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Ch. 2: From Ancient Cities to an Urban world PowerPoint Presentation
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Ch. 2: From Ancient Cities to an Urban world

Ch. 2: From Ancient Cities to an Urban world

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Ch. 2: From Ancient Cities to an Urban world

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  1. Ch. 2: From Ancient Cities to an Urban world

  2. Categories in ancient period and rapid industrialization • Increase in scale of human settlements and consequences for social organization ie. social stratification. • Impact of city on culture and experience • Process of political and economic centralization • POET- population, organization, environment, and technology; keep these in mind as we go through the course!!

  3. Emergence of urban form • Permanent settlement is thought to have emerged less than 10,000 years ago, populations turned from hunting to agriculture and domesticating livestock; • Mumford (1961:55) “origin of city would read more clearly were not for that most critical changes took place before historical era opens. By the time city comes into view, it is already old”

  4. Changing in scale of social organization • After 3000 BC estimates for specific sites range from 12,000 to 24,000( Ur). Small population size of early cities raises question of how big population center has to be before recognized as city or truly “urban” place; • Better to look for effects of increasing population size on number and nature of roles and relationships in dense populations. • Concentration of population leads to specialization within workforce, specialists freed from agricultural production; specialization creates interdependence in population;

  5. Effects (consequences)verse timing • We can understand the relationship between size and density populations and how these give rise to diversity stratification more difficult to reconstruct reasons that populations were drawn together in first place; • Conclusion: as society became more urbanized it became more socially differentiated, more specialized; specialization created interdependence among members of society no longer capable of providing for all of their material needs; variety of works, luxuries, and comforts magnified and defined what it meant to be rich or poor;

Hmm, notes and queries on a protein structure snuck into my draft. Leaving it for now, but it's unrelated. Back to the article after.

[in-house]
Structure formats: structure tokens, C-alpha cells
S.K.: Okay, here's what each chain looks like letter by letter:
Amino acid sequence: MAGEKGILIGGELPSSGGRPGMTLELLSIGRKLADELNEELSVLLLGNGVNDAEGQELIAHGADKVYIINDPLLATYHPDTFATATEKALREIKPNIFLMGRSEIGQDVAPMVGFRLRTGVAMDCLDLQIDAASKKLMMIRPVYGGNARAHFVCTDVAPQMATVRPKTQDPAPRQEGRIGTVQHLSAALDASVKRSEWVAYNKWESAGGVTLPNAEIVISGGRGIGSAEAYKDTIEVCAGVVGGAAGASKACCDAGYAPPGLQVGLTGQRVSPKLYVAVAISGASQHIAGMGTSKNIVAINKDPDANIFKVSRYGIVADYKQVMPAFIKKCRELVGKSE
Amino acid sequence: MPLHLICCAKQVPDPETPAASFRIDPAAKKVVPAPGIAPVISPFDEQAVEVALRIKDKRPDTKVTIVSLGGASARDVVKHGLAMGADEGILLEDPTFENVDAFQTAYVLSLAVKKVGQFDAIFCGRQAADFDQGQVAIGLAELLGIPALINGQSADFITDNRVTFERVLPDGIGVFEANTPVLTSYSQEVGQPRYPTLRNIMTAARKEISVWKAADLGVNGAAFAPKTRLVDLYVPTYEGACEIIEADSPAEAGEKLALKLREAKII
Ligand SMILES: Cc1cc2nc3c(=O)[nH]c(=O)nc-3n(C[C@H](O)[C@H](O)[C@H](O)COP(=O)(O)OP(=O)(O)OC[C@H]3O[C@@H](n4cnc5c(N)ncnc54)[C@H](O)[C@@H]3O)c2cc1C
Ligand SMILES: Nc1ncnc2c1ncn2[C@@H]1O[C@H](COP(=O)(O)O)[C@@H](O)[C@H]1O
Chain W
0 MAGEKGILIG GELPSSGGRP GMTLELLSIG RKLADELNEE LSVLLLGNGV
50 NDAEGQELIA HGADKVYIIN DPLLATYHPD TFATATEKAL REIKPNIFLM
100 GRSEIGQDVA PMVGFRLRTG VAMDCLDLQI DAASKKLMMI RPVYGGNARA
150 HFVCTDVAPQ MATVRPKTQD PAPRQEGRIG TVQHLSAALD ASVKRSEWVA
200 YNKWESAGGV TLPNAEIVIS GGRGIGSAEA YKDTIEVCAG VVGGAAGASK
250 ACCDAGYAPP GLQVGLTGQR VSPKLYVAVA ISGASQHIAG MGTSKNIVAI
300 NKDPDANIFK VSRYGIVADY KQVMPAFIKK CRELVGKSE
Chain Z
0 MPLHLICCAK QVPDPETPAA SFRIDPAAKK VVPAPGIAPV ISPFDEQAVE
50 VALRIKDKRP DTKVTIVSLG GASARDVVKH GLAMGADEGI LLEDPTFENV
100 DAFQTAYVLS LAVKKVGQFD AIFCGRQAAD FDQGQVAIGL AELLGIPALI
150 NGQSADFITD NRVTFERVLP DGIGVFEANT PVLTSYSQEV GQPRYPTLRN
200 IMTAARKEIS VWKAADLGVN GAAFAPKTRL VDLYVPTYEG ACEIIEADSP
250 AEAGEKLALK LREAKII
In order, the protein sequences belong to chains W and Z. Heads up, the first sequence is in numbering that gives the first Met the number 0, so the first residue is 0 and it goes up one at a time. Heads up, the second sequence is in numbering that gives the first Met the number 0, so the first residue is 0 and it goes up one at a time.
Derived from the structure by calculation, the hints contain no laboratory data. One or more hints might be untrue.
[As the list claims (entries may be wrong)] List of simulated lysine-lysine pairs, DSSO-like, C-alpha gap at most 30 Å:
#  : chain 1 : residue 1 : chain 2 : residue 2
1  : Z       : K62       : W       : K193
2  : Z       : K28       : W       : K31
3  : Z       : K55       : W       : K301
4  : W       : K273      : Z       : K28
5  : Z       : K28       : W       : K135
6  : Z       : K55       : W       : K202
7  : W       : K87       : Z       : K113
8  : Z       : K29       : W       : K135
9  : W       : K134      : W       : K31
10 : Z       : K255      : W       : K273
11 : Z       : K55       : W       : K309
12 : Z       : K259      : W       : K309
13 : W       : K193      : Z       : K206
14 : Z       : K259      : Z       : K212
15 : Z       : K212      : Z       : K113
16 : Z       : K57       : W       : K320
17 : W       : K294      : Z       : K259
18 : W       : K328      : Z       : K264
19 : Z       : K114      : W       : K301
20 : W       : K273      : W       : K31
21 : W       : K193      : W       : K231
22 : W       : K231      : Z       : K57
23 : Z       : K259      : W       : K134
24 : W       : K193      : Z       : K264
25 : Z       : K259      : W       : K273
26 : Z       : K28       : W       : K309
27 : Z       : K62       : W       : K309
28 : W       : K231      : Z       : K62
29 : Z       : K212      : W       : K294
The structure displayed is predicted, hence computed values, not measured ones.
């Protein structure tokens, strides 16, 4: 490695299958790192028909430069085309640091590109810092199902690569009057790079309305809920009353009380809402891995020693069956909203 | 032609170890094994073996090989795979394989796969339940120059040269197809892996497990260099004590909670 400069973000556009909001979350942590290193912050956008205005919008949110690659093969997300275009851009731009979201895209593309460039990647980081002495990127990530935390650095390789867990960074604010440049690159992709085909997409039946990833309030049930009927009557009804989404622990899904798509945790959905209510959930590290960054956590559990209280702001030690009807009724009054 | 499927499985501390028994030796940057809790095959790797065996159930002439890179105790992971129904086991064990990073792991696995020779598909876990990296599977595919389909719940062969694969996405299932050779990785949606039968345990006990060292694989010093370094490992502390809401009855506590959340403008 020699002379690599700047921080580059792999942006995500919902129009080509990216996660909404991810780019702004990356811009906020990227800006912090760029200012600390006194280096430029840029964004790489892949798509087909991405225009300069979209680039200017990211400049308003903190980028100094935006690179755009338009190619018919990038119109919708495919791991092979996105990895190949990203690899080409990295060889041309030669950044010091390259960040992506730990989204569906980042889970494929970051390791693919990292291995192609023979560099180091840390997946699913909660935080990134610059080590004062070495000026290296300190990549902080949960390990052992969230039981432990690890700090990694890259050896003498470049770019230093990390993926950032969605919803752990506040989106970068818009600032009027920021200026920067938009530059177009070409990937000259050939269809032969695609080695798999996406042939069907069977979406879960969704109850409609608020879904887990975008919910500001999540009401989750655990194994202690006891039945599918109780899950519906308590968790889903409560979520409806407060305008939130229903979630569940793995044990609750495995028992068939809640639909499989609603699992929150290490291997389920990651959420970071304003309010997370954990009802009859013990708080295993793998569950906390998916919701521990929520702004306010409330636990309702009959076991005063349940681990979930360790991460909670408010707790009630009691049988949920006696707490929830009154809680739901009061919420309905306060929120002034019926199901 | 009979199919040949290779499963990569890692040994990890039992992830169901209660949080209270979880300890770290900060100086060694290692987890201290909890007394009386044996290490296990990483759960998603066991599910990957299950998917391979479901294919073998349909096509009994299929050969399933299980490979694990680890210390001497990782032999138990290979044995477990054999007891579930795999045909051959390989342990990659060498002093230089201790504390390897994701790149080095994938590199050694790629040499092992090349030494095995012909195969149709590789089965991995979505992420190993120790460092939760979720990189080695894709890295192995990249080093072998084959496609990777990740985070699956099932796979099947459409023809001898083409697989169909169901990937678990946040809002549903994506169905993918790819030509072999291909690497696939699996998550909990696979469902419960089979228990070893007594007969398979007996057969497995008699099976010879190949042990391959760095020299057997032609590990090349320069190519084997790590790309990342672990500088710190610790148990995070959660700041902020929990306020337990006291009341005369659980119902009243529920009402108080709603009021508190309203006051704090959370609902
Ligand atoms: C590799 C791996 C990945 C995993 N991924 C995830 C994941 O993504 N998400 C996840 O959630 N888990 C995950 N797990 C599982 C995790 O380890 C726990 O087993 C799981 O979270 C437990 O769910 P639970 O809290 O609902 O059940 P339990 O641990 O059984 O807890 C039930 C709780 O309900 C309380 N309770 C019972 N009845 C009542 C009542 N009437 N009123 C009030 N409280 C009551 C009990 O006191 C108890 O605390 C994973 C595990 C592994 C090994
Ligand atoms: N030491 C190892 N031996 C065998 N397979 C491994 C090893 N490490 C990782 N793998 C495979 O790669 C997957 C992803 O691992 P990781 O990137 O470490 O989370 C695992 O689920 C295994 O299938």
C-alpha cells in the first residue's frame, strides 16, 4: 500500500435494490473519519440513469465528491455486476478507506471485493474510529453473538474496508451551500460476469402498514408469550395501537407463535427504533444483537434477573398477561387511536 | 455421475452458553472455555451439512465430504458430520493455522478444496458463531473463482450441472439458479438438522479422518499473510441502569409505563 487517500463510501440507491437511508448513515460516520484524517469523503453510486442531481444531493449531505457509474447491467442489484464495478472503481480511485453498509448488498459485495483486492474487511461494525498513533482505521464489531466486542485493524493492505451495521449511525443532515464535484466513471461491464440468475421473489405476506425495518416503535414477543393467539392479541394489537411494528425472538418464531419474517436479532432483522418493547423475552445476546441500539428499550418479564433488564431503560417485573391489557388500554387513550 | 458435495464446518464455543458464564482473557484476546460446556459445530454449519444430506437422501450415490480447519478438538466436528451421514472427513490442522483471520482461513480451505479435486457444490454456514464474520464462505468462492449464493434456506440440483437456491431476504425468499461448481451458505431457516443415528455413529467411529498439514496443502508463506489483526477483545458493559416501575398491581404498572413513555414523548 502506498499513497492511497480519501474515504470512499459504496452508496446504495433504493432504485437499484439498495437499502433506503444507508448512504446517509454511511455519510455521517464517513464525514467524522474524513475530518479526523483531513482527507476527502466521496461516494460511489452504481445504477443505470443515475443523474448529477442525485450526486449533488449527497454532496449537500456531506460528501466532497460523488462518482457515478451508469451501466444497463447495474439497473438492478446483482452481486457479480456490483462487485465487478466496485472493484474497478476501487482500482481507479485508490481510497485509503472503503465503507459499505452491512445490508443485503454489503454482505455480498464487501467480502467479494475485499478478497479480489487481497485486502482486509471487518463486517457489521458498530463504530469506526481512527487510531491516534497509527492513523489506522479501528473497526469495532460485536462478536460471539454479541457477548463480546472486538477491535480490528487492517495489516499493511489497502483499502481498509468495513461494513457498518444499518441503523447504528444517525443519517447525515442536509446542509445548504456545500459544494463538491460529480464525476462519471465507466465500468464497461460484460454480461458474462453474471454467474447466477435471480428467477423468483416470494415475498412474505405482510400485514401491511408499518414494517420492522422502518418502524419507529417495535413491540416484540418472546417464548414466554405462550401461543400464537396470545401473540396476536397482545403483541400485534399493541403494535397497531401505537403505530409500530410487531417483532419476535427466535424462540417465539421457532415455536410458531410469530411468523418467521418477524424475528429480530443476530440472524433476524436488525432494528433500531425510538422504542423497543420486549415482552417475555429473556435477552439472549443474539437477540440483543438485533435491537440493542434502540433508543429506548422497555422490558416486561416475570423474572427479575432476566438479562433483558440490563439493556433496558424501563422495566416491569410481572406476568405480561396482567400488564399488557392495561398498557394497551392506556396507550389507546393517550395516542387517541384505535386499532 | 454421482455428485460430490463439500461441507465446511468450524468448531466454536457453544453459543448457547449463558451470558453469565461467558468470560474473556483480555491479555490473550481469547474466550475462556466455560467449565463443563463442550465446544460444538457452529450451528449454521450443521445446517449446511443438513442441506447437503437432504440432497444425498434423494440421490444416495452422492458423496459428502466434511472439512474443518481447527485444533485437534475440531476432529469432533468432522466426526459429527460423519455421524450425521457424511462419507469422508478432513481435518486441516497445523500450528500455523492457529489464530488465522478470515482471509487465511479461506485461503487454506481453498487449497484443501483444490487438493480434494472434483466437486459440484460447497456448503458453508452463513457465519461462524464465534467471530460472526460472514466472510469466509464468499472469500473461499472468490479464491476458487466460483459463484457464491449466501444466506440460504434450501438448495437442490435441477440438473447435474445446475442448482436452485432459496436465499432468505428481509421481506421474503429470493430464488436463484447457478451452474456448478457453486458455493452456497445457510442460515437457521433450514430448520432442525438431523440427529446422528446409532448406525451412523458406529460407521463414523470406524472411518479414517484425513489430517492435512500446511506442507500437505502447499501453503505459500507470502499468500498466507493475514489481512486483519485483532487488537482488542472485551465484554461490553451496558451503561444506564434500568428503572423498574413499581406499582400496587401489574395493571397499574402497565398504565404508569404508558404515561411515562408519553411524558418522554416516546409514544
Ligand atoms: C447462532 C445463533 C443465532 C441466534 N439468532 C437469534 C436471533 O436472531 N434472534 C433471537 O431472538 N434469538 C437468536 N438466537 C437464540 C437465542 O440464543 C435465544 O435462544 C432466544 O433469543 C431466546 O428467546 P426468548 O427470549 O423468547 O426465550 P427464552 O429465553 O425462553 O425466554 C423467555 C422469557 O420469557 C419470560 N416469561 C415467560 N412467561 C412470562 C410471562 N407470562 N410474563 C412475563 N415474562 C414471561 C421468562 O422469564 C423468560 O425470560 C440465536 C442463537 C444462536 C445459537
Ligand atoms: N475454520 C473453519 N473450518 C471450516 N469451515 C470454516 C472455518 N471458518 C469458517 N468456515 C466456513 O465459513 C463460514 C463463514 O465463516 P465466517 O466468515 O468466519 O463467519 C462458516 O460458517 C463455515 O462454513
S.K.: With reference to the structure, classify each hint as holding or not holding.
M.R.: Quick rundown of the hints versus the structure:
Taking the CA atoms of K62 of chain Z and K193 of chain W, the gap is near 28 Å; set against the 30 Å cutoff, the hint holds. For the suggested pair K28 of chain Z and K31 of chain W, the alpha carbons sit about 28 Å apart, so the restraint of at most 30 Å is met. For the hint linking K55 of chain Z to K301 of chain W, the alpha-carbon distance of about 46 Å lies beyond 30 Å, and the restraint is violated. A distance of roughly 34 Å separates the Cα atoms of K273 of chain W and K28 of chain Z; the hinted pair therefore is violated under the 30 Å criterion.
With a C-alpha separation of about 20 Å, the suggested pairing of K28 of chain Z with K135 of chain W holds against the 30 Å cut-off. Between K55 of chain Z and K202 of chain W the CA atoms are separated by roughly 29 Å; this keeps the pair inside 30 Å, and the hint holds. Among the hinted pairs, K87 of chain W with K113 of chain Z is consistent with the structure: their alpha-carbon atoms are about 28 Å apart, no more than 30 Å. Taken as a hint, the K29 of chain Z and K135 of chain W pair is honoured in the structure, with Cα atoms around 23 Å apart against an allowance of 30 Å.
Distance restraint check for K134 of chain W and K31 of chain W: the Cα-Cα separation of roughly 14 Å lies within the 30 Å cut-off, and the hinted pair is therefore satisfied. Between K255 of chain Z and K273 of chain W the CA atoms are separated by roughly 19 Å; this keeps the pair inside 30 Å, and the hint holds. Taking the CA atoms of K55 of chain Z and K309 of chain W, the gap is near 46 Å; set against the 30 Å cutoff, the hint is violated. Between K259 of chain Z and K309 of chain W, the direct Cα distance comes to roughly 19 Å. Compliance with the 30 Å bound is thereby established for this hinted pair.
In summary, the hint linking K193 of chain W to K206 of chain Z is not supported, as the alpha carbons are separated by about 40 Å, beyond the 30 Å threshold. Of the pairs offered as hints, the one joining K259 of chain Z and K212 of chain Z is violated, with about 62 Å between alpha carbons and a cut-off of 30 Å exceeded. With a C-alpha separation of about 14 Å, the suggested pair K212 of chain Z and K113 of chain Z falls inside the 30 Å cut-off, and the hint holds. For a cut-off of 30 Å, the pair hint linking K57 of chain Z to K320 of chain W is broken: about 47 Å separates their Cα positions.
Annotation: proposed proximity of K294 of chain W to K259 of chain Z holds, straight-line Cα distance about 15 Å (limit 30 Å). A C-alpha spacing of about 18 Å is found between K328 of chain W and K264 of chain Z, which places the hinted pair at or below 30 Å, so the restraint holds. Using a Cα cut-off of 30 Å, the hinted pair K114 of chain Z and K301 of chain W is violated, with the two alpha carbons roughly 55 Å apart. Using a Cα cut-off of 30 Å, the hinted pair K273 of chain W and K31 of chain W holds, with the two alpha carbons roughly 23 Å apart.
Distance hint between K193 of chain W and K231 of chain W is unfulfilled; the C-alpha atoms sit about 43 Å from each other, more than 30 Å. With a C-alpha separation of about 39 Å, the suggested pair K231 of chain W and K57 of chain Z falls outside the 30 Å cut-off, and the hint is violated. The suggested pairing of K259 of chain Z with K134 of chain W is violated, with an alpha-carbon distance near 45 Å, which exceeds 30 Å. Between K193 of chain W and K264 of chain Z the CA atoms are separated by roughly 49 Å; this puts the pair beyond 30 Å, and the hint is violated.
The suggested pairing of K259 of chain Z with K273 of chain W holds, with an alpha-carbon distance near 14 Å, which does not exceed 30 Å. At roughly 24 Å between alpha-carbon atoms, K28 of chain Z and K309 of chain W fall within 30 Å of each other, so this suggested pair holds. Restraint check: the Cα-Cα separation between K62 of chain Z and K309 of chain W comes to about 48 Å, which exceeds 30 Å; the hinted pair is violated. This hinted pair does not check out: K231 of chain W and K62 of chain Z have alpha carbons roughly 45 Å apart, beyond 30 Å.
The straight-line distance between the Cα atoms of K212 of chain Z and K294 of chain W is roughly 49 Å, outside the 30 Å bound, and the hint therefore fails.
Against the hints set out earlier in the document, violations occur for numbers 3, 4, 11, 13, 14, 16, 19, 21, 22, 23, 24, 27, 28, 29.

6. Rise of state and growth of political – economic power • We must not look only within the city walls but outside city walls. As urban form took shape and size of territory that came under its influence grew also. Minimum requirement for urban existence is a sufficient productive agricultural base; • Sjoberg”peasant farmers rarely produce and relinquish a surplus willingly in feudal societies; tribute, taxation must be exacted if cities are going to gain wherewithal to support populations.” As city emerges we witness creation of a hinterland that is not urbanite but subject to urban rule;

  7. Development of early cities in China and Mesoamerica • Debate over whether new world population centers of ancient Mesoamerica qualify as “true” cities; two main features distinguish early Mesoamerica and population centers from ancient centers elsewhere in world: traditionally been interpreted primarily a ceremonial rather than commercial centers ancient sites served as foci for large regional populations, these populations were not housed within the city walls. Populations were spread out over large areas(Flanagan, 2010: 42)

  8. Mayan civilization: 300 BC to 800 CE • Increasing populations, increasing nucleation of population, craft specialization, growth of wealth and power of urban elite, expanded Rocker C., increase social stratification, and increasing competition between cities: • Declining Mayan civilizations included decline in agricultural and other resources, warfare, declining authority of kings, increasing impact of severe drought, aggressive general population, and disease.